Another big change happened in 2015 when Construction (Design and Management) Regulations (CDM) were applied to the live events industry.

“CDM very much brought the attention of the industry because we all knew we built things and that’s a fundamental thing with most events,” says James. “It was a case of, ‘you’re not going to get out of this, so how are we going to make it work for you, and how can we ensure your workers are going to stay safe under these regulations?’”

CDM helped to clarify who the duty holders were “in a business where a huge proportion of people at that time were self-employed”, says Roberts.

The majority of people working on festivals in the UK, adds James, are freelancers or contracted companies, which adds an extra layer of complication. This means that “tens of thousands of briefings on safety, welfare and facilities” are typically handed out to individual workers before they arrive onsite.

Speaking at the SHW Live Manchester show earlier this year, Richard Bate – a vice-president of IOSH who has worked in the events industry for 40 years – stressed the importance of getting to know the relevant people from various contractors working on an event site.

“I have a questionnaire,” said Bates. “I might manage within an event space 20 or 30 contractors. I want to know who’s in charge; I want to know who has the key, who’s going to turn the lights off, who’s going to manage a crisis and, more importantly, who’s responsible for health and safety.

If I know that person, I’m going to sit down with them.”

Hit hard by Covid

The live events industry was hit particularly hard by the effects of the Covid-19 pandemic. As the world went into lockdown and gathering in crowds to watch live entertainment was out of the question, the industry was forced to grind to a halt. While this had a devastating impact on the livelihoods of people working in the sector, it gave pause for thought about how the industry could be improved when it did come back.

This thinking time, says James from TESS, led to an increased focus on the welfare and mental health of people working in the sector.

“I genuinely believe that in the last two years I’ve seen some really good welfare practice on provisions for crews working at festivals and shows,” he notes. “It’s being taken more seriously, rather than just, ‘put your hard hat on’, which was the refrain for years.”

There has been an increased focus on the welfare and mental health of people working in the live events industry since the pandemic. Photograph: Music Support

Eoghan O’Hagan, a family support manager at Music Support, agrees that there is more of a focus on wellbeing in the industry than in the past.

“The pandemic forced a significant percentage of the music and events industries to come to a complete standstill, giving many the time and space to refocus and reprioritise their wellbeing,” says O’Hagan. “The impact of the pandemic is still being felt; it is common for industry peers to seek help from Music Support for a decline in their mental health as a result. Many lost their careers, leading to experiencing grief for this loss.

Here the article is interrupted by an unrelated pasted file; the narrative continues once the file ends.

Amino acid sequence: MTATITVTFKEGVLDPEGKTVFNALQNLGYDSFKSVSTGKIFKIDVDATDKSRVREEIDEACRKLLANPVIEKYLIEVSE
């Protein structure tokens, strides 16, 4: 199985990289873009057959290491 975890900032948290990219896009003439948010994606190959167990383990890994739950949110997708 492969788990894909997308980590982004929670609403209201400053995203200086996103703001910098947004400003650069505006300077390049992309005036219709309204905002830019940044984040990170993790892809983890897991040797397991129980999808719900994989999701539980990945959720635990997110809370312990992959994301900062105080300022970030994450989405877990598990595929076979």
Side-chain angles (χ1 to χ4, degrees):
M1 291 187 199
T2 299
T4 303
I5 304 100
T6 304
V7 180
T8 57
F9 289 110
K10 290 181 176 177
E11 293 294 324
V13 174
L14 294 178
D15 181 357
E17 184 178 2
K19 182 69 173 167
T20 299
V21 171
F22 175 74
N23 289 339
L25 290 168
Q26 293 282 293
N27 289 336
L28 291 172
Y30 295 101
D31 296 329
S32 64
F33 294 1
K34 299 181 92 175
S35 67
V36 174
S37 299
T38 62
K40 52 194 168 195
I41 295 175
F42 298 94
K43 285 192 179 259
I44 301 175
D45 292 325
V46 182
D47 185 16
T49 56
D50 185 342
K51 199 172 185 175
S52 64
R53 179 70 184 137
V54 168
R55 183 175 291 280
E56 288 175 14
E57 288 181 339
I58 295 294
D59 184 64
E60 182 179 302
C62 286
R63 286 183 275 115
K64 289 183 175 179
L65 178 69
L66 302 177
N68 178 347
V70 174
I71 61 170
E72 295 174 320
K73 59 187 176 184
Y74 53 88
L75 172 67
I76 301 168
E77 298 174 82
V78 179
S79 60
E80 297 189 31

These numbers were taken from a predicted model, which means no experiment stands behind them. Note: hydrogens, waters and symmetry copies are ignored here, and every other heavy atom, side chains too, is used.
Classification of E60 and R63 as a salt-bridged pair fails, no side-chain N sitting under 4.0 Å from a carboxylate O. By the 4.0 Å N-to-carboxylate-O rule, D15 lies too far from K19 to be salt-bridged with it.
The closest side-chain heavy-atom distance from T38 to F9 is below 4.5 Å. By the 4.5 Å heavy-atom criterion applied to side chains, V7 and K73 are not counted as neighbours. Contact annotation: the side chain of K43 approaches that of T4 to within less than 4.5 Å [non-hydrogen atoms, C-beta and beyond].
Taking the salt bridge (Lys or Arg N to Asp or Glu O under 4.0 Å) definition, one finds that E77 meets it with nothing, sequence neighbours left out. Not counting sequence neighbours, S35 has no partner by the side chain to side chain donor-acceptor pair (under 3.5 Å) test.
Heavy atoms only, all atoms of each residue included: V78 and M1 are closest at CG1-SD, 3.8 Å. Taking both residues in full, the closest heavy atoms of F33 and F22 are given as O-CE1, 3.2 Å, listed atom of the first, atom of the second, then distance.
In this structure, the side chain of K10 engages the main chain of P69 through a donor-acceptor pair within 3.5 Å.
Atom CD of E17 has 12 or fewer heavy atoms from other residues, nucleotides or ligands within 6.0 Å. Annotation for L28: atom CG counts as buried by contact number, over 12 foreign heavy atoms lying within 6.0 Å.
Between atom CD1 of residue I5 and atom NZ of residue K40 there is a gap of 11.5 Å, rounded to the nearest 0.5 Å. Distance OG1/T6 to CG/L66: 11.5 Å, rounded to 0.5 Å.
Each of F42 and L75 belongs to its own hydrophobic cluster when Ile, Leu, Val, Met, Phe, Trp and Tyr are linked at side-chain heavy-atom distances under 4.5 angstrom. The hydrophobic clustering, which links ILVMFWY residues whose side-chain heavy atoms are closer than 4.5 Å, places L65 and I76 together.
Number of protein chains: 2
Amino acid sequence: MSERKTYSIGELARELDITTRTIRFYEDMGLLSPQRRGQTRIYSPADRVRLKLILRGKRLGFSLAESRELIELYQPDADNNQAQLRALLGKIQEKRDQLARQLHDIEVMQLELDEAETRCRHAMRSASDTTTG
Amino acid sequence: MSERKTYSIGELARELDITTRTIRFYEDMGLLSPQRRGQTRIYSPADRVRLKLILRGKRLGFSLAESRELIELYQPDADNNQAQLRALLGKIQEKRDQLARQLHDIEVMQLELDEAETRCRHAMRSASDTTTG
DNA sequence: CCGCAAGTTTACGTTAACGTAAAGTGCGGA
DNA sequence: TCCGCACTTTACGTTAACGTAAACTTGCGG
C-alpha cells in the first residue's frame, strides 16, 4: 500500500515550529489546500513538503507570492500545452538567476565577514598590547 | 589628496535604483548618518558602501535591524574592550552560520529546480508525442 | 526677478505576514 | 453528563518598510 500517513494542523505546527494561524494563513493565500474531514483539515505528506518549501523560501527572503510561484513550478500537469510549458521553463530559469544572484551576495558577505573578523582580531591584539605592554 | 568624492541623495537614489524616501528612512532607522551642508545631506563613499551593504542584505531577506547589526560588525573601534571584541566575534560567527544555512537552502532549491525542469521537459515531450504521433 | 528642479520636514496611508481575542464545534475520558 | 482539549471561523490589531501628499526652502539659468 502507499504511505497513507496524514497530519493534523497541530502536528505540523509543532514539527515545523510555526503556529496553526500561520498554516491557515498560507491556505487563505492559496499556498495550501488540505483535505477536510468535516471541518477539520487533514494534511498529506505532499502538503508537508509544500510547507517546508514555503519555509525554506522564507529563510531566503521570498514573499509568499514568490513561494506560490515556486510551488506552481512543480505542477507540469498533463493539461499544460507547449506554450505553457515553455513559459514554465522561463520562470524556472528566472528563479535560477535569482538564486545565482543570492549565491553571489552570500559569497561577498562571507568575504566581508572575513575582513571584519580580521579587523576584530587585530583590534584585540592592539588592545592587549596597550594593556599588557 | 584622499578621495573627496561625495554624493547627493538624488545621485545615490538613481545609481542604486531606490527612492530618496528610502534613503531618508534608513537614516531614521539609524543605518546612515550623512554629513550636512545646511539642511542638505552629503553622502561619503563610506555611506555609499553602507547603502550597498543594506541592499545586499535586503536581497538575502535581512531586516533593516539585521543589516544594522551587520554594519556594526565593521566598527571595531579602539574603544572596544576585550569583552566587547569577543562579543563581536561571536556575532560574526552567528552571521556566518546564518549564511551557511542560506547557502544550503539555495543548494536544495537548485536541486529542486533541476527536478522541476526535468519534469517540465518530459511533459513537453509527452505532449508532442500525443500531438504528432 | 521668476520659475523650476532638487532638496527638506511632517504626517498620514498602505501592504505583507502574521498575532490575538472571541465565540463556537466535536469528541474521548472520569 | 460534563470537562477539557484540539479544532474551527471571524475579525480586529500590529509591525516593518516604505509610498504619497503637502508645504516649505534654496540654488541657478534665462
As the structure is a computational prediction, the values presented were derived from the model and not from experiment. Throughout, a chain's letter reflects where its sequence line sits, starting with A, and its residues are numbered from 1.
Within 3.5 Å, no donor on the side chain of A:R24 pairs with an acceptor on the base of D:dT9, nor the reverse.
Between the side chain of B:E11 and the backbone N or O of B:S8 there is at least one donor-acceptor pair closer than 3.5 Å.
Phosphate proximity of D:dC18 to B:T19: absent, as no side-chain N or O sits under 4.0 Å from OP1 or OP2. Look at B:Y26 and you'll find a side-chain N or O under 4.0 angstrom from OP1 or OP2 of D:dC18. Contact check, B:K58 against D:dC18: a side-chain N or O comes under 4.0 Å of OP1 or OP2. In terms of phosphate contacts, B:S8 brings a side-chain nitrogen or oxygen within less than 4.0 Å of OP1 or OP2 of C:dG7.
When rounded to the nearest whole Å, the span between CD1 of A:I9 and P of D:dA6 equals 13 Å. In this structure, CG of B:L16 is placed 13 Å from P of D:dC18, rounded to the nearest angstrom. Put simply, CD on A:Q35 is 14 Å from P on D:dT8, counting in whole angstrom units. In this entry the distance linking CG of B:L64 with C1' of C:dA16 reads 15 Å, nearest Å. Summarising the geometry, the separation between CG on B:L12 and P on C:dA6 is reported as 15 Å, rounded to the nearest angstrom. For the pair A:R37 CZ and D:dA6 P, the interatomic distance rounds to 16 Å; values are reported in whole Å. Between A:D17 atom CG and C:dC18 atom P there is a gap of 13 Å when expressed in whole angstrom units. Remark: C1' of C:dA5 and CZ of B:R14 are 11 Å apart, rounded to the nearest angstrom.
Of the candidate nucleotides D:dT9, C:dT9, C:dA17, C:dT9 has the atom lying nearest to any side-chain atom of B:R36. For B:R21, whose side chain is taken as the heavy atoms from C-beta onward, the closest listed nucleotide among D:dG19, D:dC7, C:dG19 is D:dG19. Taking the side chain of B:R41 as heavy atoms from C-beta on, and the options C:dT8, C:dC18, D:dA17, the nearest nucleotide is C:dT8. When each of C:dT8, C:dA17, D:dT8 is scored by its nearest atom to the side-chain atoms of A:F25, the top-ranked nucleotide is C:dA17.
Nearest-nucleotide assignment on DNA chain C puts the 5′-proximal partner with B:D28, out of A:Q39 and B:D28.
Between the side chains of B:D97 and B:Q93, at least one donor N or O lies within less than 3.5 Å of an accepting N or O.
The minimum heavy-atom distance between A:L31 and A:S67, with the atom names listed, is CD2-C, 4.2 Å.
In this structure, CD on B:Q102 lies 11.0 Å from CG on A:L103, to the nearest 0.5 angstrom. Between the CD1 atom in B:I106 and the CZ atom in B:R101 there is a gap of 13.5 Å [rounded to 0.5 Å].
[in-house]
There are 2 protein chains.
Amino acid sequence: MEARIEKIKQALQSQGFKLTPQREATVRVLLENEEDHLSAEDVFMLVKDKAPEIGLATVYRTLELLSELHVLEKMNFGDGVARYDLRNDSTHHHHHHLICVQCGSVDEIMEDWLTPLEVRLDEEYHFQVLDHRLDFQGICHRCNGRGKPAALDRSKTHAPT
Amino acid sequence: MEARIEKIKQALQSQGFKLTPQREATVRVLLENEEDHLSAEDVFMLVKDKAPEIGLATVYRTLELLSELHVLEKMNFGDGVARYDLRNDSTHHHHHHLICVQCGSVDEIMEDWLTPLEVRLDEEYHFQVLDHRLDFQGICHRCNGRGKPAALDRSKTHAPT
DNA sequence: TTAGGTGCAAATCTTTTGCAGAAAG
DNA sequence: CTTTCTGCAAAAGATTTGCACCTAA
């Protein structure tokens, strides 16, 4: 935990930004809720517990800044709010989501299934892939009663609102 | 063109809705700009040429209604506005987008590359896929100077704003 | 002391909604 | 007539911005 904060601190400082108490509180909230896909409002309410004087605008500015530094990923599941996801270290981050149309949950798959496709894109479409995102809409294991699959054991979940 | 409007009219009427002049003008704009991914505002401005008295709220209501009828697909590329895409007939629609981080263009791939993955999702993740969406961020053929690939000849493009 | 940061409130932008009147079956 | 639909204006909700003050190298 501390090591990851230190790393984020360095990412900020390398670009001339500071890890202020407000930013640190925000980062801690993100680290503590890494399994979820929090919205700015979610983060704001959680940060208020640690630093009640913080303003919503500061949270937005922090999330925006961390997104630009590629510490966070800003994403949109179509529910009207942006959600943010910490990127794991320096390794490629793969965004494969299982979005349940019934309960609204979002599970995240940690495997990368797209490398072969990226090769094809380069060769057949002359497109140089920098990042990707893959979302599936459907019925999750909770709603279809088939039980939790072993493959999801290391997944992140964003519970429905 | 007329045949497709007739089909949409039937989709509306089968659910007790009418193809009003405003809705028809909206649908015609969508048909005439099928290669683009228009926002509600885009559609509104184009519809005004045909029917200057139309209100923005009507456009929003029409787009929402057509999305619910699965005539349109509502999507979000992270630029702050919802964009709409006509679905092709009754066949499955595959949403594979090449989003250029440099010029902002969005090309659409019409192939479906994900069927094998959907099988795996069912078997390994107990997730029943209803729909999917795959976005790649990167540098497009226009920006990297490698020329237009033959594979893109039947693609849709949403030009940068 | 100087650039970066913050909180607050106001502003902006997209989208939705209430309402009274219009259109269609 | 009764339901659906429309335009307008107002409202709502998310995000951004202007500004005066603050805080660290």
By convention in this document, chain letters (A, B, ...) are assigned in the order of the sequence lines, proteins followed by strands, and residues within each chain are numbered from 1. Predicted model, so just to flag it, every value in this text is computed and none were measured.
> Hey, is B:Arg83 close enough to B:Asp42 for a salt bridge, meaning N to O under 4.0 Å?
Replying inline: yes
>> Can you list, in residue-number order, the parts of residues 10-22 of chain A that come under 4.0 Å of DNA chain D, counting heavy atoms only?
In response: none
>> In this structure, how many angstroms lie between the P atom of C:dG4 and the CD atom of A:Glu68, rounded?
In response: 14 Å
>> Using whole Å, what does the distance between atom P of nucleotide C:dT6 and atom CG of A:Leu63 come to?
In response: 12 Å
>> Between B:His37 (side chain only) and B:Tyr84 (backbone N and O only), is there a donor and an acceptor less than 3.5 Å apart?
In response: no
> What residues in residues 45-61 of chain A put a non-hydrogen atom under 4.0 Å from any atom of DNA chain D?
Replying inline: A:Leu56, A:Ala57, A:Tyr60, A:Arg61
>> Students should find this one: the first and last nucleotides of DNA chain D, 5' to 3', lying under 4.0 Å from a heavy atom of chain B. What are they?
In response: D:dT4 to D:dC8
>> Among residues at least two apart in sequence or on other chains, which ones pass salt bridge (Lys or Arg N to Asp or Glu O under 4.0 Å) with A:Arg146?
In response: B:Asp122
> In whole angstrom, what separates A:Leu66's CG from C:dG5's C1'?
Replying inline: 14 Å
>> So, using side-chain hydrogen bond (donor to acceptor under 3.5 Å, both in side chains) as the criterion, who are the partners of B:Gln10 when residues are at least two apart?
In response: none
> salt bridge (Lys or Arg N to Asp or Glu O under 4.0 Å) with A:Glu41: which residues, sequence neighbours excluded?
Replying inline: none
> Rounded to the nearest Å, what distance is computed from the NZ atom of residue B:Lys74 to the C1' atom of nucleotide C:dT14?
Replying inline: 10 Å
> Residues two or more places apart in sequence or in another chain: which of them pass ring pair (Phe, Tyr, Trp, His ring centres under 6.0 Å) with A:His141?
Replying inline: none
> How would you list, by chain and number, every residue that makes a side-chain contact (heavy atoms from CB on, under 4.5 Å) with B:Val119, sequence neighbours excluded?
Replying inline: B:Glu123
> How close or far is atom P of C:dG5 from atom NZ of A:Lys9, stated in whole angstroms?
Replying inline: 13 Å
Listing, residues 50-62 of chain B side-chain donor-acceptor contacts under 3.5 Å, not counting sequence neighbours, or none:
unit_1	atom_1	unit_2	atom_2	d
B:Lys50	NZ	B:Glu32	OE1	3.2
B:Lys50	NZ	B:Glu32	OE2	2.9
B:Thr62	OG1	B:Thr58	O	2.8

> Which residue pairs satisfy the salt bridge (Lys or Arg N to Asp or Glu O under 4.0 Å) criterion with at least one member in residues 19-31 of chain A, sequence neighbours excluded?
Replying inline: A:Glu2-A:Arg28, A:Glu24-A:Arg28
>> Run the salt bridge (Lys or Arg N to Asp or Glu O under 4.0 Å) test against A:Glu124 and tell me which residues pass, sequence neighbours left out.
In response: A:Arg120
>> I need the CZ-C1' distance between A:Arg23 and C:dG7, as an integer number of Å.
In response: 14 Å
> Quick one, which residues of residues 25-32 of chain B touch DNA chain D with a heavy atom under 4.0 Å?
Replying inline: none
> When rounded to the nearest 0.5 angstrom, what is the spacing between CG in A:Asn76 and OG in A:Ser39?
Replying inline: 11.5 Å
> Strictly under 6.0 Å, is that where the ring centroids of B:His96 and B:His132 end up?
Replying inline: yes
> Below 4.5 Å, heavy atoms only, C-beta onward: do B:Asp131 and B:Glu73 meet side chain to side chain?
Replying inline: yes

“There is also a high correlation between sensitivity and creativity, meaning those in creative industries are more pre-disposed to experiencing mental ill health. Maintaining psychological wellbeing can be challenging in an industry that romanticises and normalises substance misuse.” 

Martyn’s Law

Keeping the public safe is a key issue for events organisers. It was brought into sharp focus on 22 May 2017 when a suicide bomber detonated a homemade device in the foyer of Manchester Arena at the end of an Ariana Grande concert, killing 22 people and injuring hundreds of others. Following campaigning from the mother of one of the victims – Martyn Hett – legislation known as Martyn’s Law has been proposed and is undergoing consultation.

The proposed legislation aims to ensure that public premises are better prepared in the event of a terrorist attack. Under the proposed law, a standard tier would cover events with capacity for 100-799 people while an enhanced tier would apply to events with a capacity of more than 800.

Martyn’s Law is “a huge topic of discussion”, says Roberts from TESS, “but at the moment we are talking in a vacuum”. He adds: “We don’t know what the requirements are that are going to be placed on organisers; we don’t know who the regulator is going to be; we don’t know what duties or duty holders may be required within an organisation.”

Roberts anticipates that organisers of larger events “will be set a series of requirements that most of them are already meeting”, because they are aware that they could become terrorism targets.

“In the event business, we had to recognise that some people in this world consider enjoyment and entertainment a legitimate target for brutal assault,” he says, adding that “Manchester showed brutally that it’s not something that just happens on the other side of the world”.

Changing climate

Another big topic for festival organisers going forward is climate change. We are all used to seeing images from festivals showing conditions ranging from torrential downpours and mud baths, to baking hot sunshine. But as the weather becomes more extreme due to climate change, organisers of outdoor events may need to make changes to how and when they are held.

“Flooding and droughts are not only increasing in severity, they’re increasing in likelihood as well,” says Roberts. “We have to plan for that, and it’s difficult. To a degree, I think we may see a realignment of festival timings during the summer season, to go for more dependable months.”

However, he adds that there have been “some really strong developments” in the UK festival scene on reducing the carbon footprint of events, such as better use of renewables and greater awareness of the threat of climate change.

“The worsening climatic situation, hopefully, will be matched or exceeded by improvements in sustainability,” says Roberts.